This collision is used by the Blue Bird normally. It reacts to two sprite types; Keen and his shot. When reacting to Keen it runs the 'kill Keen' code. When reacting to Keen's shot it runs three code fragments. The first two are sprite variable changes and set the Bird's horizontal speed to 0 and its clipping to 1. (The first because it is stunned, the second because the flying bird needs a different clipping to the stunned bird.) the third fragment is the 'stun and block Keen's shot' code.

Patch: Blue bird collision
%patch $102C0 $55 $8B $EC $56 $57 $8B $76 $06 $8B $7E $08 $83 $3D $02 $75 $09
              $9A $0B8013E9RL     $5F $5E $5D $CB $83 $3D $03 $75 $18 $C7 $44
              $16 $0000W  $C7 $44 $06 $0001W  $B8 $22E2W  $50 $57 $56 $9A $09DC1695RL
                          $83 $C4 $06 $5F $5E $5D $CB


Sleeping Cloud collision

This collision is used by the sleeping Cloud; it reacts to Keen only and executes one piece of code, that to change its action to a waking cloud.

Patch: Keen 4
#Cloud collision
%patch $10B7D $55 $8B $EC $56 $8B $76 $08 $83 $3C $02 $75 $0F $B8 $28BEW $50 $FF $76 $06 $9A $09DC120ARL $83 $C4 $04 $5E $5D $CB


Egg collision

The Egg's collision looks exceedingly complex; however it can be broken up into smaller segments which can be easily explained. The first thing to focus on is its reactions to Keen and his shot. This is slightly circuitous.

On the first line if Keen's shot type is detected then the check for Keen's type is skipped. After the check for Keen's type the code checks to see again whether it is dealing with Keen's shot. If so it executes the first code fragment, the 'stop Keen's shot' code. The rest of the code is the same for Keen and his shot.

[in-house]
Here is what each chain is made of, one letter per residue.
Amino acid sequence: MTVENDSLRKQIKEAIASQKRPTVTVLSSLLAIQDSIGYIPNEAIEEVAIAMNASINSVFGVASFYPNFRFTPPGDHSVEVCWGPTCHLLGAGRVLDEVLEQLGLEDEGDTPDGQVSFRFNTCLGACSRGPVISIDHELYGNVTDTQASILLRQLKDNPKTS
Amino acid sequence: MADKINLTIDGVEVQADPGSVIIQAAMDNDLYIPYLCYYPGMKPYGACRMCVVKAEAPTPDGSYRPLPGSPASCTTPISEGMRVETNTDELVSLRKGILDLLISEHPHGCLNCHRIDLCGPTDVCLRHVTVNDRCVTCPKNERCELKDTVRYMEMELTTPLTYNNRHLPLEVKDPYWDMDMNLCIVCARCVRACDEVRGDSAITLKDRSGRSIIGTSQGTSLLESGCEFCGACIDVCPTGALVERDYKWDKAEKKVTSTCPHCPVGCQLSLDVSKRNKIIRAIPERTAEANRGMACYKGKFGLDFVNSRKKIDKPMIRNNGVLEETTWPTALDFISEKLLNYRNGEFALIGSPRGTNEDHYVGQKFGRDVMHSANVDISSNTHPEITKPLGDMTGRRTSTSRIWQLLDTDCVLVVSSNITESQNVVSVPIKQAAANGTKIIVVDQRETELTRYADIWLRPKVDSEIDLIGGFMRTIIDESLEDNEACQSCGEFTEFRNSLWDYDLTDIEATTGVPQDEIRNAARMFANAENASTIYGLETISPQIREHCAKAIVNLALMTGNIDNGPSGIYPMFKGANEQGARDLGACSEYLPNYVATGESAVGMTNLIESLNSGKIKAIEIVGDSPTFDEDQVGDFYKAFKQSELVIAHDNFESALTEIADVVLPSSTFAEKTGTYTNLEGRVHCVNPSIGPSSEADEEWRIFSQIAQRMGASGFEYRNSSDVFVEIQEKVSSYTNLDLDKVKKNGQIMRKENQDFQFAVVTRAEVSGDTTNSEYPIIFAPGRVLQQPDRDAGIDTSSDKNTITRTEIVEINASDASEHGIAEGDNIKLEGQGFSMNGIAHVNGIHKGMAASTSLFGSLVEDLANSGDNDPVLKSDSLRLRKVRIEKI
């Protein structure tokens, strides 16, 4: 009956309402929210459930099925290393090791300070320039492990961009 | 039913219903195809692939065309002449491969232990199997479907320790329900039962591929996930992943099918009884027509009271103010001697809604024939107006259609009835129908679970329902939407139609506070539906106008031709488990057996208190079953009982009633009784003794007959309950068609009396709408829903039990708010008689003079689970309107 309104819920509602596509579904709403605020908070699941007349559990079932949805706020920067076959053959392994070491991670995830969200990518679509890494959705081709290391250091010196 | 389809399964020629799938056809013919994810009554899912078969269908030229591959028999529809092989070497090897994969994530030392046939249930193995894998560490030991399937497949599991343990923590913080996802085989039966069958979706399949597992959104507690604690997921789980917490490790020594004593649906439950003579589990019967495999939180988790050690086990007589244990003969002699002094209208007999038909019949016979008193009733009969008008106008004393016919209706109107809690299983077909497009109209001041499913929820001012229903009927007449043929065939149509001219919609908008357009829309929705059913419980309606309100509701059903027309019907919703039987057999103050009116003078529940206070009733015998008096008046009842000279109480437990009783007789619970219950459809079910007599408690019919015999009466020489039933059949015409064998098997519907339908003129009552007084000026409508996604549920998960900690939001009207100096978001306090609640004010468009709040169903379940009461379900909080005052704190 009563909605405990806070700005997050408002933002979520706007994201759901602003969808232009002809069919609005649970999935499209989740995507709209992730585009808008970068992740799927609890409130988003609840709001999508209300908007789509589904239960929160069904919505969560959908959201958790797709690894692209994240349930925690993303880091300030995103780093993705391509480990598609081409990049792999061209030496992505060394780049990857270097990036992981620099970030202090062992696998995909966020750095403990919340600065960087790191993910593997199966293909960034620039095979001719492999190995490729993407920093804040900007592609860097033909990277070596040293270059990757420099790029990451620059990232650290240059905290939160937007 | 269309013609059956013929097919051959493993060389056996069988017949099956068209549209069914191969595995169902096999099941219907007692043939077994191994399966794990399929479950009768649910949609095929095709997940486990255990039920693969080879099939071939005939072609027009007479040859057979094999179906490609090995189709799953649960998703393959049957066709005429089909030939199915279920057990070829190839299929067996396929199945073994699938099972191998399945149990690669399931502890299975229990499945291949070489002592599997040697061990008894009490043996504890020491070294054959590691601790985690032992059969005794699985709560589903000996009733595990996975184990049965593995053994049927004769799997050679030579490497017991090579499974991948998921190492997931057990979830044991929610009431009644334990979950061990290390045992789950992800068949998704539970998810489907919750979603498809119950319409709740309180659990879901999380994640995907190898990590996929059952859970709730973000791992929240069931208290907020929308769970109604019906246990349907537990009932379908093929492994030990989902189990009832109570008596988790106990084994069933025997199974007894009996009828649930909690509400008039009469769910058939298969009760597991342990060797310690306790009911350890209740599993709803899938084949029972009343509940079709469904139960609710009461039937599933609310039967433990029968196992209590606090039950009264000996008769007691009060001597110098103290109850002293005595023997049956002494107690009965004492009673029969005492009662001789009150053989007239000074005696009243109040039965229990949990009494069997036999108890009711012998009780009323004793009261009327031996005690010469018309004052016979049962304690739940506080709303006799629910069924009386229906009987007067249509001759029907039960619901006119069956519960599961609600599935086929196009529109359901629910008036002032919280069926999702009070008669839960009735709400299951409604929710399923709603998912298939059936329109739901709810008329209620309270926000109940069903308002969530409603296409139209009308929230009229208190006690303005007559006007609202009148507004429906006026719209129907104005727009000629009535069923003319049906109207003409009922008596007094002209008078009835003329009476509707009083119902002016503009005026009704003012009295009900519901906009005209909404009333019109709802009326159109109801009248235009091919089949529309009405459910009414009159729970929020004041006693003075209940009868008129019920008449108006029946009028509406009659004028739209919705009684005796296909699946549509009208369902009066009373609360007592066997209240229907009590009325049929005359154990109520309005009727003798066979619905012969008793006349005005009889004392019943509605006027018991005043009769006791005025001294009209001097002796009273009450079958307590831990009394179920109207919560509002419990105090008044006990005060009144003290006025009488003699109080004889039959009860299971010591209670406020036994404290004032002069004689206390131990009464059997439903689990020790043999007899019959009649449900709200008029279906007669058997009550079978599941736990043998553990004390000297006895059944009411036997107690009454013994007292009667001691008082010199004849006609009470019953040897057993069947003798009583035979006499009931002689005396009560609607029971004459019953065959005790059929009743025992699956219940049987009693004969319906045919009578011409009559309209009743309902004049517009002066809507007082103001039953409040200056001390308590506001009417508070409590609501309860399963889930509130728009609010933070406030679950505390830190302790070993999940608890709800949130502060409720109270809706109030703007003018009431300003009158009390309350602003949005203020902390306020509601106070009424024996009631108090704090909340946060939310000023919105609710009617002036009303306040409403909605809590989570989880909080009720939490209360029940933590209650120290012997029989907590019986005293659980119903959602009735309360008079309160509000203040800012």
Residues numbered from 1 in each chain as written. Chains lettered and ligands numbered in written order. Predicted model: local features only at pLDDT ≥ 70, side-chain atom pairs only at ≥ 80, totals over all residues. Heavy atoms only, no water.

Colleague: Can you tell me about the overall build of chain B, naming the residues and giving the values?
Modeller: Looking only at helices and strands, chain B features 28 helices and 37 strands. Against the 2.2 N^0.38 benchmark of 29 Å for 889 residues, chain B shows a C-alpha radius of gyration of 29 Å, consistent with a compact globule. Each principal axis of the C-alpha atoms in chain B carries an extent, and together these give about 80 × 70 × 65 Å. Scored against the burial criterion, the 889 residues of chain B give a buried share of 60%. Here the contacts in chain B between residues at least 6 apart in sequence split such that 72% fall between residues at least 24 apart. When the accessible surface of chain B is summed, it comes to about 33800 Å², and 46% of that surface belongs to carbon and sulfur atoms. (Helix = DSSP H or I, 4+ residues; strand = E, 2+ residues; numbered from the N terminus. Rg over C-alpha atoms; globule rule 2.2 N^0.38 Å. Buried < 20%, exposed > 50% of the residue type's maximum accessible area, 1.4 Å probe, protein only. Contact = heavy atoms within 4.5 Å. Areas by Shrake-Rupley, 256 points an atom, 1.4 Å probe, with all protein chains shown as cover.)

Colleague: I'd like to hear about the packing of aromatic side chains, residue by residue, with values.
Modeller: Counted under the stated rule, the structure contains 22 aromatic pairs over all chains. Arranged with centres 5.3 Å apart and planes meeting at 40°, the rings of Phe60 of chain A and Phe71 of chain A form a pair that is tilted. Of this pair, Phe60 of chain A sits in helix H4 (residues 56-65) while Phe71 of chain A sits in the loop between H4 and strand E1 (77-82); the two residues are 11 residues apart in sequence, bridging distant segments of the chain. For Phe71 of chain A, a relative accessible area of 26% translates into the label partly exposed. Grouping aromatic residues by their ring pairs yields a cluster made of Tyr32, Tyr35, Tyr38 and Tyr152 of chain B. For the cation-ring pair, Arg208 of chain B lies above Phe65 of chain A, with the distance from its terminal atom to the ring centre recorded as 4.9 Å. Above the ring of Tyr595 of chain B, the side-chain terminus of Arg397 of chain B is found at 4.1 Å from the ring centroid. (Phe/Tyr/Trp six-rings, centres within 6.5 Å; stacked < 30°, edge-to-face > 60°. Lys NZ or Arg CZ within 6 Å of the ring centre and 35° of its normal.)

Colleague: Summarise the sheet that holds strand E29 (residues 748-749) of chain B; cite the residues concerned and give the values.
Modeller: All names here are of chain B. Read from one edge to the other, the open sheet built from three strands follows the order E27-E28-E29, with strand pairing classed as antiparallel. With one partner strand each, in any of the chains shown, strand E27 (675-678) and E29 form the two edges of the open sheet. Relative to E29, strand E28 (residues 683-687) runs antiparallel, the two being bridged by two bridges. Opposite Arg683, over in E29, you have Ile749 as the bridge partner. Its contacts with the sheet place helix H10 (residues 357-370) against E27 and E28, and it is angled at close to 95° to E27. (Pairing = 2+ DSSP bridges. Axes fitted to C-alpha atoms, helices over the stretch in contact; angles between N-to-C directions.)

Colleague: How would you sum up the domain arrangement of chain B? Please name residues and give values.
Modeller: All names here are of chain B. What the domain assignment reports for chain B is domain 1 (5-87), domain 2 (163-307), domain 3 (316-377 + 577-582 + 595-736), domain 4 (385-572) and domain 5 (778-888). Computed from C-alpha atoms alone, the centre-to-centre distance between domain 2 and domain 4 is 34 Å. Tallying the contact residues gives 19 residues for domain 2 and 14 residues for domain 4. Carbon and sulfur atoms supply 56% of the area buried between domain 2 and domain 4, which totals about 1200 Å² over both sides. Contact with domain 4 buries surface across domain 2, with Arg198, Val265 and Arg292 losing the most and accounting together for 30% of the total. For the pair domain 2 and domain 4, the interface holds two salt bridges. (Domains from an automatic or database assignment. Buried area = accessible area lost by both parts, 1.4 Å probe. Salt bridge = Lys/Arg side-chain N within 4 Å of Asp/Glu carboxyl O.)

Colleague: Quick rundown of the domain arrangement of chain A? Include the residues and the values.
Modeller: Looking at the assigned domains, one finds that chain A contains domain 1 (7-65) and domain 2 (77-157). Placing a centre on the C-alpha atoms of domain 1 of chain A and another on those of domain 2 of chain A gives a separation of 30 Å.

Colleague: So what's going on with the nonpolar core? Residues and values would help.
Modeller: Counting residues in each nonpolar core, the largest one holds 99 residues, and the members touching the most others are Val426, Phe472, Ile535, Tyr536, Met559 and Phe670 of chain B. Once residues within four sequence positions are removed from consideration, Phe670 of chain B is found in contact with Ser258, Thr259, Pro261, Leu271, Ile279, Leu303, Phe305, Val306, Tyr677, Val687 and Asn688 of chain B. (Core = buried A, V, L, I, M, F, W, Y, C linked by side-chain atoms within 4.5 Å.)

The first thing done is to change the Egg into a large shell fragment. To do this two sprite variables are changed (Type and sprite activity variable.) and the 'change action' code run.

Following this a series of other sprites is created out of thin air using the 'create new sprite' code. In total four sprites are created and their variables set. This makes up the bulk of the collision code. The Bird's creation code is complicated by a code segment that makes it check for Keen and face him.

Patch: Keen 4
#Egg collision
%patch $100A7 $55 $8B $EC $56 $57 $8B $76 $06 $8B $7E $08 $83 $3D $03 $74 $08 $83 $3D $02 $74 $03 $E9 $0136W $83 $3D $03 $75 $09 $57 $9A $0D8F0D43RL $83 $C4 $02 $C7 $04 $0001W $C7 $44 $02 $0003W $B8
#Make large shell
$213EW $50 $56 $9A $09DC120ARL $83 $C4 $04 $B8 $0001W $50 $9A $06BD1E11RL $83 $C4 $02 $8B $1E $D8 $A7 $C7 $07 $001BW
#Make Bird
$C7 $47 $02 $0001W $8B $44 $0A $89 $47 $0A $8B $44 $0C $2D $0080W
%patch $10108 $89 $47 $0C $8B $44 $0A $8B $1E $A7D6W $3B $47 $0A $73 $0B $8B $1E $D8 $A7 $C7 $47 $0E $0001W $EB $09 $8B $1E $D8 $A7 $C7 $47 $0E $FFFFW $8B $1E $D8 $A7 $C7 $47 $10 $0001W $B8 $21B6W $50 $53 $9A $09DC118CRL $83 $C4 $04 $B8 $0001W $50 $9A $06BD1E11RL $83 $C4 $02 $8B $1E $D8 $A7 $C7 $07 $0001W $C7 $47
#Make left shell
$02 $0003W $8B $44 $0A $89 $47 $0A $8B $44 $0C $89 $47 $0C $C7 $47 $16 $FFE4W $C7 $47 $18 $FFD8W $B8 $215CW $50 $53 $9A $09DC118CRL $83 $C4 $04 $B8 $0001W $50 $9A $06BD1E11RL $83 $C4 $02 $8B $1E $D8 $A7 $C7 $07 $0001W $C7 $47 $02 $0003W $8B
#Make right shell
$44 $0A $89 $47 $0A $8B $44 $0C $89 $47 $0C $C7 $47 $16 $001CW $C7 $47 $18 $FFD8W $B8 $217AW $50 $53 $9A $09DC118CRL $83 $C4 $04 $B8 $0001W $50 $9A $06BD1E11RL $83 $C4 $02 $8B $1E $D8 $A7 $C7 $07 $0001W $C7 $47 $02 $0003W $8B $44 $0A $89 $47
#Make up shell
$0A $8B $44 $0C $89 $47 $0C $C7 $47 $16 $0000W $C7 $47 $18 $FFC8W $B8 $2198W $50 $53 $9A $09DC118CRL $83 $C4 $04 $5F $5E $5D $CB